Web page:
First of all, YES Zimmerman screwed up...but, as a Floridian for about 7 or so years now please let me explain something to everyone else who doesn't live here. (Especially Orlando, Tampa, or Miami) Road rage is worse here than I have ever seen anywhere in my entire life, and I have been all over the USA. So, with that in mind. I have been harassed by police here over and over, for nothing. My first year here, I was pestered by police, for no reason at all, more than I ever was my entire life where I was born and raised, and I am age 45. One evening I had a driver in a huge truck punch the gas when the light turned green and slam right into my back end (PT Cruiser) shooting me into the intersection. Then he squealed tires backwards (as I think holy crap he's high and going to hit me again) then speeds off to the nearest exit ramp. When the police arrive (Orlando City Police) the officer tells me they can do nothing because I had no tag, even with an excellent description of the truck and that (get this) next time I should chase after whomever hit me and call it in while following them. Sounds like the same kind of idiot advice this poor dead man got to me!

The police need to be PROPERLY trained to handle ANY and ALL situations CORRECTLY. That having been said, doesn't it make sense 911 operators should too? Nurses nearly know as much if not more than the doctors, I think so should 911 operators. Oh and BRAVO! to those 911 operators who do their job well and truly care about helping those in need.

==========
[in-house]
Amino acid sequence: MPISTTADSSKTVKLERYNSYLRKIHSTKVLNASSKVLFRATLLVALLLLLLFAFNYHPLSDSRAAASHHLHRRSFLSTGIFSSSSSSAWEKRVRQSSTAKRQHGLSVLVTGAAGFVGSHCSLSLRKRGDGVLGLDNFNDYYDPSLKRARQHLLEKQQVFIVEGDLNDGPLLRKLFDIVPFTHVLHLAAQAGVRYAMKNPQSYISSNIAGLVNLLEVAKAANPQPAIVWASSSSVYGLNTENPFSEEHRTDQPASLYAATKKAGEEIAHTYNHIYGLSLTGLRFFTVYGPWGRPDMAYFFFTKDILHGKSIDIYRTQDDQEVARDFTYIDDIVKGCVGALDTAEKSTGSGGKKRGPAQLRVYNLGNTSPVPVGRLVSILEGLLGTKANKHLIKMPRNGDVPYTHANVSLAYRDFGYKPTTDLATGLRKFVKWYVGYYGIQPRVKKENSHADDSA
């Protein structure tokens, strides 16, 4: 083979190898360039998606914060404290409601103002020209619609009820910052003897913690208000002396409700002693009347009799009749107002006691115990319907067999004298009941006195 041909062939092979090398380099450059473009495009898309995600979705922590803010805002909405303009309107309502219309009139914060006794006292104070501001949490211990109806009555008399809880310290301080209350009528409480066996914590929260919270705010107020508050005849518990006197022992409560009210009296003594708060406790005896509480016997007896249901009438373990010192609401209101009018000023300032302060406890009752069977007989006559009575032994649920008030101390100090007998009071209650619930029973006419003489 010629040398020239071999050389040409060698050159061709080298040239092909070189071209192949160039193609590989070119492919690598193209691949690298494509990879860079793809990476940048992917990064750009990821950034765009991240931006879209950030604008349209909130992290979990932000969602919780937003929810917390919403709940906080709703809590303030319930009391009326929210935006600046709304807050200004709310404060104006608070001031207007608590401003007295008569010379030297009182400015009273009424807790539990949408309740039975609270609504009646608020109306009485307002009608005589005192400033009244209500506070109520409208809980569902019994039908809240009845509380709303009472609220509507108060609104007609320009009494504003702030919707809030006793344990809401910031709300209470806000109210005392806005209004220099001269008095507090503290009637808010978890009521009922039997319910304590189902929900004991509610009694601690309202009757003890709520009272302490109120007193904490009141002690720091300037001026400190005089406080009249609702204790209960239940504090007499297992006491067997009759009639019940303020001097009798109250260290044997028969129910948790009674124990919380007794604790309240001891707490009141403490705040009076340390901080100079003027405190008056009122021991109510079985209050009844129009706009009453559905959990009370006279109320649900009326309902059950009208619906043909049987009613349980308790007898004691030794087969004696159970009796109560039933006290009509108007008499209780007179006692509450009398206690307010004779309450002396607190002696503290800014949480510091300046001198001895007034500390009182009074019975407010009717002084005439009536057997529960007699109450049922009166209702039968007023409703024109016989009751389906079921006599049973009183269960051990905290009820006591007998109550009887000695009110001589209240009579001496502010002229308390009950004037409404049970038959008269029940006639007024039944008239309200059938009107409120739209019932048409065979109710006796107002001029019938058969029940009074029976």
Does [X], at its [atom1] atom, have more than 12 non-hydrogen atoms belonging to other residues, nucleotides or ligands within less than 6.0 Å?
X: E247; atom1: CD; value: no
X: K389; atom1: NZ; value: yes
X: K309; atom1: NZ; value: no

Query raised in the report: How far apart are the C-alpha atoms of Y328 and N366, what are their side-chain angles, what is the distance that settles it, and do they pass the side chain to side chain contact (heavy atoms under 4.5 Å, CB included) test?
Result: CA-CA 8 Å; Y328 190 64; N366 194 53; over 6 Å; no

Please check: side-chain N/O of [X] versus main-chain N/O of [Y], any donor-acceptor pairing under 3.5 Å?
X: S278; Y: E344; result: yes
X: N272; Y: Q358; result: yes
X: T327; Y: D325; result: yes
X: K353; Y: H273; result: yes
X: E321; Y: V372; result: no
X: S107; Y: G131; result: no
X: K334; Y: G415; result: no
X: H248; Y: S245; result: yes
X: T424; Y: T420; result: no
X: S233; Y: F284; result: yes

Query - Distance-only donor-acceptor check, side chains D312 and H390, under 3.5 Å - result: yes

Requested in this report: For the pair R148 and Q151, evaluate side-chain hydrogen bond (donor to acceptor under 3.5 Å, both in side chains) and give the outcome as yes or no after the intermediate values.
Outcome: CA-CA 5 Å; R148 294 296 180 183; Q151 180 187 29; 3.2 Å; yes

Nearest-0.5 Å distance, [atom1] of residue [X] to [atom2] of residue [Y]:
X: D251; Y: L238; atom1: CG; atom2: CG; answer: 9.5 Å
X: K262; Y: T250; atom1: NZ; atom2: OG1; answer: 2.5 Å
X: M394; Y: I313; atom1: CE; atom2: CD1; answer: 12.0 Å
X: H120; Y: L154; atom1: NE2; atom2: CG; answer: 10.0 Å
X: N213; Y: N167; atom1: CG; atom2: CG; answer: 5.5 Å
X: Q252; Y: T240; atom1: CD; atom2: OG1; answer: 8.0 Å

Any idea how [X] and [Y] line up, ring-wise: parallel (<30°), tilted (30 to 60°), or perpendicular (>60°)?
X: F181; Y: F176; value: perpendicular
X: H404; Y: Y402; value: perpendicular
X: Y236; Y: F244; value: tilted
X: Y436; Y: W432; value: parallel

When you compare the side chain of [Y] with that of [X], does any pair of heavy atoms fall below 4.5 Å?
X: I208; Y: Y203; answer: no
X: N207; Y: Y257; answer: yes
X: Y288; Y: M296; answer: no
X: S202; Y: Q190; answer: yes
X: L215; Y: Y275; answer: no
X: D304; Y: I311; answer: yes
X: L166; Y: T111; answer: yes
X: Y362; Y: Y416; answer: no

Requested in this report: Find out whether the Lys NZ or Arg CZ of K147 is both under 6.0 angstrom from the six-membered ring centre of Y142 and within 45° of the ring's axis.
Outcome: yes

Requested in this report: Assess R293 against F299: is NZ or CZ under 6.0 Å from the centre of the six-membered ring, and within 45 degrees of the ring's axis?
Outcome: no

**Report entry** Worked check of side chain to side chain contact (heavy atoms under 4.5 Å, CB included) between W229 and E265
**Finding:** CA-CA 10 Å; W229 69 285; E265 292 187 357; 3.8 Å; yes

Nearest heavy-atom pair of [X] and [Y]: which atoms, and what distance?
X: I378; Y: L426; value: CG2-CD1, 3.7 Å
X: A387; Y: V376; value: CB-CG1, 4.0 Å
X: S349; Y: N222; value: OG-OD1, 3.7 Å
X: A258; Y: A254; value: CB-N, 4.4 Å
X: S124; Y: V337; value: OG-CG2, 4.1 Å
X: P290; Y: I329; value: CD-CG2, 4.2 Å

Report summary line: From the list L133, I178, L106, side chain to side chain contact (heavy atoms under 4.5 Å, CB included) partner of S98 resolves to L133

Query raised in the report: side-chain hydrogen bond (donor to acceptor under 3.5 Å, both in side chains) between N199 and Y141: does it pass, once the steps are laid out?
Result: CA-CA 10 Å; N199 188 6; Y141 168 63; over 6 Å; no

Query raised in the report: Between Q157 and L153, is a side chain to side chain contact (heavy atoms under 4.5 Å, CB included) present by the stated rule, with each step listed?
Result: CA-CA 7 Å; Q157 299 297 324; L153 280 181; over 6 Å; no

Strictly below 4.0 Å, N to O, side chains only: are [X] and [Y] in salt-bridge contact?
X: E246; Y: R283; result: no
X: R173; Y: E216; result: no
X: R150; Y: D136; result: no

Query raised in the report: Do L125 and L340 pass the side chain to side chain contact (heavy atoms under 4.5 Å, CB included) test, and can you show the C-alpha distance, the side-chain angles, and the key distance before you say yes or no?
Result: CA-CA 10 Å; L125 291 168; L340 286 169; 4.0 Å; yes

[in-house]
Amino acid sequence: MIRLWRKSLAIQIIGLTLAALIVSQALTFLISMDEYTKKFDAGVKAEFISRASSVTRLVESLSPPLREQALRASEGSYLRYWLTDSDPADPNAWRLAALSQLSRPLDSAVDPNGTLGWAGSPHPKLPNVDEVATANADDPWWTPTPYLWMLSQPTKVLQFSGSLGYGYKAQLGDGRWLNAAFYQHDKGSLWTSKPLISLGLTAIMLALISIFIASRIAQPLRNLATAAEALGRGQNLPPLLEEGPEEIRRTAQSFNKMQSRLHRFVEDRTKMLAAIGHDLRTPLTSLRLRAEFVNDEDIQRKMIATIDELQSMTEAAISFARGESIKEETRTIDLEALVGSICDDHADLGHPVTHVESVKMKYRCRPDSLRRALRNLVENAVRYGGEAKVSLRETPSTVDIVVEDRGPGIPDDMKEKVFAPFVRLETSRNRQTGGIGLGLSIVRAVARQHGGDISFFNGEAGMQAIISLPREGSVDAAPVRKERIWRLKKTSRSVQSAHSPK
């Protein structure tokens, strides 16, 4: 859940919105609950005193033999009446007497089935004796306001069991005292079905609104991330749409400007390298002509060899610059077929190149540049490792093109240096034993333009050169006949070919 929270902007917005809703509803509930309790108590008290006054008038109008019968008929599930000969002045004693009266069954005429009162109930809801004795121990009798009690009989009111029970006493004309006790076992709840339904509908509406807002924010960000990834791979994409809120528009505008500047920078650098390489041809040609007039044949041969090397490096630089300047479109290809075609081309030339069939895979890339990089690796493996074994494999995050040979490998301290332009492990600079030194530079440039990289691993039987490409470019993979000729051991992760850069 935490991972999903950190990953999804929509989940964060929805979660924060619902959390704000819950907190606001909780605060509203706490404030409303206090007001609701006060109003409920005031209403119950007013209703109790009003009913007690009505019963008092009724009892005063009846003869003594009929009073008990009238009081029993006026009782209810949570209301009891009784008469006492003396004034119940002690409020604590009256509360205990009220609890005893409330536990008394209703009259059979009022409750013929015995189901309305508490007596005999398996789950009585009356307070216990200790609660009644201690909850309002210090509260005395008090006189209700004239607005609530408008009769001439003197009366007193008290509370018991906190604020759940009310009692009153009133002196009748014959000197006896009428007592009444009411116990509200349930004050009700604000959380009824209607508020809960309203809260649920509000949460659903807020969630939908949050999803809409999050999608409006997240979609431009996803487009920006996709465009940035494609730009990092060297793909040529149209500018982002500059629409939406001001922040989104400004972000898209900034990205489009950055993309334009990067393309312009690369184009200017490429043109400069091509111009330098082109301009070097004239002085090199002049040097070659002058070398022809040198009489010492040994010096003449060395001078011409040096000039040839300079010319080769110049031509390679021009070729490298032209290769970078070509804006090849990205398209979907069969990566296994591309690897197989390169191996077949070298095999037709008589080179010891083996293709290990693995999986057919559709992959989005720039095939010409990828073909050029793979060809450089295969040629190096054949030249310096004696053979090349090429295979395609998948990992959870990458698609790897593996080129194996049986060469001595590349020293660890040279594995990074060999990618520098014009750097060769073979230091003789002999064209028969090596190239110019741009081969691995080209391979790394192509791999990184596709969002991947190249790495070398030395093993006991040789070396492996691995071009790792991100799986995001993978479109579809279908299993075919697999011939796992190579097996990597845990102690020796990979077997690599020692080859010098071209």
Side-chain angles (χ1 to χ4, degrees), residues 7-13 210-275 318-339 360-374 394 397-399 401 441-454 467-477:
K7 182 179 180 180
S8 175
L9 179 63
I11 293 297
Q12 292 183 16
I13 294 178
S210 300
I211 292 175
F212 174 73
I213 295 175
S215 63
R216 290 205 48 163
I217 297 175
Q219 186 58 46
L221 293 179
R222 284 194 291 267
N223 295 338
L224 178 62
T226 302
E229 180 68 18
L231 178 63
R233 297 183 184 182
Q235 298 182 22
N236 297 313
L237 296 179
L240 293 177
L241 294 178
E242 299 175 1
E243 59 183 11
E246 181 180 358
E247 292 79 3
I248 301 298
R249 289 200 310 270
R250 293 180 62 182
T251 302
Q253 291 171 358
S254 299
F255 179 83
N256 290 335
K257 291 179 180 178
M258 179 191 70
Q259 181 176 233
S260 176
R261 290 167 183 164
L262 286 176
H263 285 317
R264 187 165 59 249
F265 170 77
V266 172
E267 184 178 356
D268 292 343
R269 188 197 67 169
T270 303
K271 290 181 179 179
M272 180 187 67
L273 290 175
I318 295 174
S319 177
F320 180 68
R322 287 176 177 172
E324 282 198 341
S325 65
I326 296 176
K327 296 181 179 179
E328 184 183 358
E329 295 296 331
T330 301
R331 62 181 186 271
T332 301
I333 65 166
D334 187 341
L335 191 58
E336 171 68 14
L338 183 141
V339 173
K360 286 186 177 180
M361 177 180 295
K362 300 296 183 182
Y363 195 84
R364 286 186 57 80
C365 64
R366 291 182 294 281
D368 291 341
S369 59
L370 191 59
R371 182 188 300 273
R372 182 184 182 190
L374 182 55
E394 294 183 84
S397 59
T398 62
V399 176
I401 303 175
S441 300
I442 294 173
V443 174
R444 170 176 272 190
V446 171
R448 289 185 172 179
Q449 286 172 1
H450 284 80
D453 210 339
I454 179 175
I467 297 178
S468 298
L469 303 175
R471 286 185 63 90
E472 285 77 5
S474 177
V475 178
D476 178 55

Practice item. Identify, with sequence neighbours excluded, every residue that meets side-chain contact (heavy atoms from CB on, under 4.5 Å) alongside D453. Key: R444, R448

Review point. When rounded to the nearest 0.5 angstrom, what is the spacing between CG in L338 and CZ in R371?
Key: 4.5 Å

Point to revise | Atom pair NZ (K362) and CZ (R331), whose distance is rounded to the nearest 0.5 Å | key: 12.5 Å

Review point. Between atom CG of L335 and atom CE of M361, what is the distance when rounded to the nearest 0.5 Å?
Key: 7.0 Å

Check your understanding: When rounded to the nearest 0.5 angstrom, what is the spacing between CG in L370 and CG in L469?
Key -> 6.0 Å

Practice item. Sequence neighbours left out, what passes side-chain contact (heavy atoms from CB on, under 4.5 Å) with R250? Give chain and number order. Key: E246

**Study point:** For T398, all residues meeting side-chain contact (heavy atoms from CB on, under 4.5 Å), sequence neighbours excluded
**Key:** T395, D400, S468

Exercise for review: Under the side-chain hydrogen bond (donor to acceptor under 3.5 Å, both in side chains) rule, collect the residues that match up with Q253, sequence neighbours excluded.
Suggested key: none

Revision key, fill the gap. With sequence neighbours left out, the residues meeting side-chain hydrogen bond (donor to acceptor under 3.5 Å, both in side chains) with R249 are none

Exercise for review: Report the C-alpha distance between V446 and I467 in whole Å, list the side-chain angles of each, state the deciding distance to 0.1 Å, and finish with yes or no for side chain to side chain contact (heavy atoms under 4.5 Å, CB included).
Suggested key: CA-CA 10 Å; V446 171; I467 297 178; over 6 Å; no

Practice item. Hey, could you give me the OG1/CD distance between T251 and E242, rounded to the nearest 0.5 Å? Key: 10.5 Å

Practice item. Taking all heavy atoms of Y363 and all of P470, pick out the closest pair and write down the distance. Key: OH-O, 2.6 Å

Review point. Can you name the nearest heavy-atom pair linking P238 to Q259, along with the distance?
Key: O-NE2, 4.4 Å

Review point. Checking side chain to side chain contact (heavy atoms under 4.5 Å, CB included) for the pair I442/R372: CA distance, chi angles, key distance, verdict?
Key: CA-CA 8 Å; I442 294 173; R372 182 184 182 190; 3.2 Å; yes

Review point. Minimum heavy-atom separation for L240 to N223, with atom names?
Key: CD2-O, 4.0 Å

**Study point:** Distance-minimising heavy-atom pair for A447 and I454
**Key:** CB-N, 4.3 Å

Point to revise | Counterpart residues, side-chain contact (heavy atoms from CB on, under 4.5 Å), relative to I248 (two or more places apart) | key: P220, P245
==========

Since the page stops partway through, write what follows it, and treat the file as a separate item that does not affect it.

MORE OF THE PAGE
Our police are getting worse and worse people to deal with because the general populous is getting more and more stressed thus creating even more troublesome criminals than before. BUT!!!! This is NO excuse for professionals to start acting out, losing control, bullying, etc. THEY MUST REMAIN PROFESSIONAL AT ALL COSTS! If you can't, cya, there are plenty of others to do that job. Train our police better, teach them they aren't GOD because they wear a badge, their true job is to SERVE and PROTECT citizens...not POLICE them like everyone is a criminal and we all live in one big jail!

And for GOODNESS SAKES TRAIN our 911 Operators properly, screen them MUCH better, and watch them CLOSELY!

There is so very little common sense in the world it truly scares the living hell out of me...

dieselbeef
April 5, 2012, 08:15 AM
he knew better and still went back...dummy...:eek:

Webleymkv
April 5, 2012, 09:04 AM
I can't help but think that it would have been safer and smarter for all involved if the dispatcher had simply directed the victim to the nearest police station at which point he could accompany the officer(s) back to the scene.

Hook686
April 6, 2012, 05:18 PM
Everyone seems to be down on the 911 operator. I read the article and it stated,

The victims called 911 after being threatened at gunpoint by a group of men at 10th and Sheridan early Sunday morning. They drove into Wheat Ridge but the dispatcher told them to return to Denver, and that’s when the suspects fired on their car killing one man.

It seems they left the Denver PD jurisdiction by going to Wheat Ridge. To file a report with the Denver PD, they needed to return to Denver. Denver is a big city. These guys could have returned to any spot they felt safe in Denver and called in to file a complaint. No one, as I read it, told them to go to 10th and Sheridan.

Why is everyone accusing the Dispacher of wrong doing and suggesting a big law suit ?

bds32
April 8, 2012, 02:50 PM